Ferrari 125 S

See also the Ferrari 125 F1, a Formula One race car sharing the same engine

The Ferrari 125 S (commonly 125 or 125 Sport) was the first vehicle produced and built by automaker Ferrari of Modena, Italy. Although preceded by Enzo Ferrari's Auto Avio Costruzioni 815 of 1940, the 125 S was the first vehicle to bear the Ferrari name when it debuted on May 11, 1947[1] at the Piacenza racing circuit. Like the 815, it was a race sports car, but unlike its 8 cylinders in-line predecessor, partly developed from Fiat engine components, the 125 S featured the first true Ferrari power unit, a V12 engine (the "125"), a trait it shared with most Ferrari cars of the following decades. The 125 S was replaced by the 159 S later in 1947.

Ferrari 125 S
Ferrari 125 S
Overview
ManufacturerFerrari
Production1947
2 produced
DesignerGioacchino Colombo/Scuderia Ferrari
Body and chassis
ClassSports car
LayoutFR layout
Powertrain
Engine1.5 L (1496.77 cc) Colombo V12
Transmission5-speed manual
Dimensions
Wheelbase2,420 mm (95.3 in)
Curb weight650 kg (1,433 lb) (dry)
Chronology
PredecessorAuto Avio Costruzioni 815
SuccessorFerrari 159 S

Overview

Chassis

The 125 S used a steel tube-frame chassis[2] and had a double wishbone suspension with transverse leaf springs in front with a live axle in the rear. Hydraulic power drum brakes were specified front and rear.

Engine

The 125 S was powered by Gioacchino Colombo's 1.5 L (1497 cc/91 in³) 60° V12 with a bore/stroke of 55 x 52.5 mm . This engine produced 118 bhp (87 kW) at 6,800 rpm with a compression ratio of 9.5:1. It was a single overhead camshaft design with 2 valves per cylinder and three double-choke Weber 30DCF carburettors.

Transmission

Enzo Ferrari wanted the 125 S to use a five-speed gearbox as it matched the high revving V12 better than that of a traditional four-speed gearbox.

Examples

Both of the two 125 S cars built in 1947 were dismantled, and their parts are thought to have been re-used in production of the 159 or 166 models.

Chassis 010I

Recently, the chassis with serial number 010I was used in the restoration of a 125 S. It is rumored that 010I is actually s/n 01C. The story goes that 01C was re-stamped as 010I, and sold to a customer as a new car. Upon taking receipt of the car, the new owner immediately exclaimed, muletto!, which means "Test mule" in Italian, as he could clearly see that his supposedly new car was in fact a used, well-raced car. Ferrari made a new invoice for the car, including a considerable rebate given the car's second-hand nature.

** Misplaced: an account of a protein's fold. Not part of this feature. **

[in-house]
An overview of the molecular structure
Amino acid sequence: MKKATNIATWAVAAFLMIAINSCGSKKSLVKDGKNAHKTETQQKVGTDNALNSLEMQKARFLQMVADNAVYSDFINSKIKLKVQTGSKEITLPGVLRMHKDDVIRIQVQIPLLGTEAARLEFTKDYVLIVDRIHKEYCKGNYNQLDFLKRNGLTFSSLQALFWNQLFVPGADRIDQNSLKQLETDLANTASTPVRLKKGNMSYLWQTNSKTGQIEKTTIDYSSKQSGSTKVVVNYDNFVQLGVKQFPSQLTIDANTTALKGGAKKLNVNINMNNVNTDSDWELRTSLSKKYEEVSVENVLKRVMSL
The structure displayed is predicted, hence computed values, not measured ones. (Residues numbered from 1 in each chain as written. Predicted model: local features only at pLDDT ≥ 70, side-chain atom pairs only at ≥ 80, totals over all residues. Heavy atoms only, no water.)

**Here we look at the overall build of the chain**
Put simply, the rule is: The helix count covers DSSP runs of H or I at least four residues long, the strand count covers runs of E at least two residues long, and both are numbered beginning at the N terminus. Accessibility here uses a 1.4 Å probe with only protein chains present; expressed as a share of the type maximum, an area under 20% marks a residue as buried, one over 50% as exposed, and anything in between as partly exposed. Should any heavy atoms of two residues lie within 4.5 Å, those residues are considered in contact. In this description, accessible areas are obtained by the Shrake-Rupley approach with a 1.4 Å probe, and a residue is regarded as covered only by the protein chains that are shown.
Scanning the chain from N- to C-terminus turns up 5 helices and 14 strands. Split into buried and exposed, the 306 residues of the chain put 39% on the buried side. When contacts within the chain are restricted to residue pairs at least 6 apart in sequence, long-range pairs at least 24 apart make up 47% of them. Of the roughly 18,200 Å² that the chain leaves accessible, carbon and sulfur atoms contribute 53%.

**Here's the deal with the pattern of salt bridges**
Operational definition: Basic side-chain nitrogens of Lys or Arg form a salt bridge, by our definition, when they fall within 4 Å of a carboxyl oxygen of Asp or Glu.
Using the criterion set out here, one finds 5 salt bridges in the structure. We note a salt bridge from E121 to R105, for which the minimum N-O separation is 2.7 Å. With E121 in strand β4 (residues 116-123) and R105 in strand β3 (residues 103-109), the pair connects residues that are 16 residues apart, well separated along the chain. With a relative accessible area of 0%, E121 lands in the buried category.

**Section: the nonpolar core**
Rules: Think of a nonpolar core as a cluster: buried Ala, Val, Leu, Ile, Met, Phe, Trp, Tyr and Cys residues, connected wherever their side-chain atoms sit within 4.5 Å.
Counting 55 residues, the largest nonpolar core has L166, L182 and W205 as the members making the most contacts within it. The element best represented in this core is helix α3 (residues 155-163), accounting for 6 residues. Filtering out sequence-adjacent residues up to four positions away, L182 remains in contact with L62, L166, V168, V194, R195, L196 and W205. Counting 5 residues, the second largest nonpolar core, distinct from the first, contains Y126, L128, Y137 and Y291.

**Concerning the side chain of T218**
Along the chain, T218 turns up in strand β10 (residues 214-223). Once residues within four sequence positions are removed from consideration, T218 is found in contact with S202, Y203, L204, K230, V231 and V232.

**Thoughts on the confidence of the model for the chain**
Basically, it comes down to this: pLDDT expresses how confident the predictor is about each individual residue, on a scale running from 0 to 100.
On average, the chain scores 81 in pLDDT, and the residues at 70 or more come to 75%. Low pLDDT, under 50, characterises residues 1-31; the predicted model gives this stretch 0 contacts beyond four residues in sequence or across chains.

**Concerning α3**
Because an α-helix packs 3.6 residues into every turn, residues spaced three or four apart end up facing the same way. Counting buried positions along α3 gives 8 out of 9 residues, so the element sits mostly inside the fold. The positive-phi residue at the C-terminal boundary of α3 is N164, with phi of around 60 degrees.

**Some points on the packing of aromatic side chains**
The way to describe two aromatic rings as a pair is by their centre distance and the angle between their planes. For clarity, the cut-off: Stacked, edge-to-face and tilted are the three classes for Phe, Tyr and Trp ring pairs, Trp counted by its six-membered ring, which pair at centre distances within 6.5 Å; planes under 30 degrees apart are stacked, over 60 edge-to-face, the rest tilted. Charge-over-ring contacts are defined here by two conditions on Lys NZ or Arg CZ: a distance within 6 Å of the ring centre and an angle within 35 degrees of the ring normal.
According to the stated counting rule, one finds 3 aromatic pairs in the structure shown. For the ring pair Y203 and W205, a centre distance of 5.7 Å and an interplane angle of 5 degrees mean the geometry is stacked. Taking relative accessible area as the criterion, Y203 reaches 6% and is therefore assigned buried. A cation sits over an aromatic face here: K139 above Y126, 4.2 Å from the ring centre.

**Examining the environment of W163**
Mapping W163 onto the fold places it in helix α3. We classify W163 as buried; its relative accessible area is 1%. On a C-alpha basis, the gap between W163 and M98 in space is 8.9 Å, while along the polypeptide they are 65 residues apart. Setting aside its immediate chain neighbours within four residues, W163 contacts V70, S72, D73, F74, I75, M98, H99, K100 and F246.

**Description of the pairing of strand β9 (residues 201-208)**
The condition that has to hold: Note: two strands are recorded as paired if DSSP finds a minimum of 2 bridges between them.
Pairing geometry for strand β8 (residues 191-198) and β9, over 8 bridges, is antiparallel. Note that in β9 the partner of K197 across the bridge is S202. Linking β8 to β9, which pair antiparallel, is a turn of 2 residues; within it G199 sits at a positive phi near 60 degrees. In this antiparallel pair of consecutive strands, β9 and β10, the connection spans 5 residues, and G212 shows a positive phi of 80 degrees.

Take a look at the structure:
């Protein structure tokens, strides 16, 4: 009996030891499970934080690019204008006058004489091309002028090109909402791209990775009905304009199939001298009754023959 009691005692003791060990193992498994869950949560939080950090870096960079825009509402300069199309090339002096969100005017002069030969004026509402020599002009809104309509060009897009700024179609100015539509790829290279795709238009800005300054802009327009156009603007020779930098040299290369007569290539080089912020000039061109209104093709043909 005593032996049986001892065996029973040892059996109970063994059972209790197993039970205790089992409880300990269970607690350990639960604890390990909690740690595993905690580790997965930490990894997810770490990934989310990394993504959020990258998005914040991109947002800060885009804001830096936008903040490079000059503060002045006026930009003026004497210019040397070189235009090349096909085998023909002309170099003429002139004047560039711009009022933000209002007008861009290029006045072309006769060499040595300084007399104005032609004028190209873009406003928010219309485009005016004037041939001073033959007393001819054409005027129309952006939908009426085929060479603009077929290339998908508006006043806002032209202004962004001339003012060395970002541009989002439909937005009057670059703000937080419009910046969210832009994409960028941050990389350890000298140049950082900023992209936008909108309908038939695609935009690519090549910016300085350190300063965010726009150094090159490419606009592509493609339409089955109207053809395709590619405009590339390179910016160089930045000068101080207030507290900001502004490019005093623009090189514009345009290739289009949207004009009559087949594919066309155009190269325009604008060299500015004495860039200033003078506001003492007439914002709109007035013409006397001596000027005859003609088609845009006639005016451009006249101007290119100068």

Still in 166 Spyder Corsa configuration, the car was recently sold to Symbolic Motors. Close inspection of the chassis and its serial number led to the discovery of an old stamping that could possibly read 01C. It had been covered by an aluminum plate which bore the serial number 010I. Subsequently, the car was sold to its current owner, who refitted the chassis with a body similar to the factory's 125 S replica, which was built by Michelotto in 1987. The alleged 01C made its public debut at the Pebble Beach Concours d'Elegance, and was entered as a "Ferrari 125 S". The car continues to be the subject of much debate among Ferrari historians and enthusiasts; recent developments indicate that the restamped serial number was in fact a correction and not an alteration.

Racing

The 125 S debuted at the Circuito di Piacenza, driven by Franco Cortese,[3] but was unable to finish the race, despite a favorable showing against the strong Maserati 6CS 1500s.

Two weeks later, the 125 S claimed Ferrari's first victory at the Grand Prix of Rome on the Terme di Caracalla Circuit, where it was also driven by Cortese.[3] The car had spun a bearing in practice, and was repaired in the shop of Tino Martinoli, who later came to America with the Ferrari Indy car team.

The 125 S won six of its fourteen races in 1947, though drivers Clemente Biondetti and Giuseppe Navone were unable to win the 1947 Mille Miglia in it.

References

  1. ^ "Ferrari 125 S 01C". barchetta.cc. Retrieved 11 July 2019.
  2. ^ "GILCO Ferrari 125 chassis". Gilco Design. Retrieved August 10, 2006.
  3. ^ a b Lamm, John (April 1988). Dinkel, John (ed.). "The First Winner - Cortese's 1947 125 Spyder". Road & Track. Newport Beach, CA US: Diamandis Communications. 39 (8): 165. ISSN 0035-7189.
1947

1947 (MCMXLVII)

was a common year starting on Wednesday of the Gregorian calendar, the 1947th year of the Common Era (CE) and Anno Domini (AD) designations, the 947th year of the 2nd millennium, the 47th year of the 20th century, and the 8th year of the 1940s decade.

It was the first year of the Cold War, which would last until 1991, ending with the dissolution of the Soviet Union.

Auto Avio Costruzioni 815

The Auto Avio Costruzioni 815 was the first car to be fully designed and built by Enzo Ferrari. Legal issues with former associates Alfa Romeo prevented Ferrari from creating the Ferrari marque. The 815 raced at the 1940 Brescia Grand Prix, where both entries failed to finish due to engine problems. One of the cars was later scrapped, while the other is currently in a car collection in Italy.

Ferrari 125

Ferrari used their 1.5 L Colombo 125 V12 engine in two models:

1947 Ferrari 125 S

1948–1950 Ferrari 125 F1

Ferrari 159 S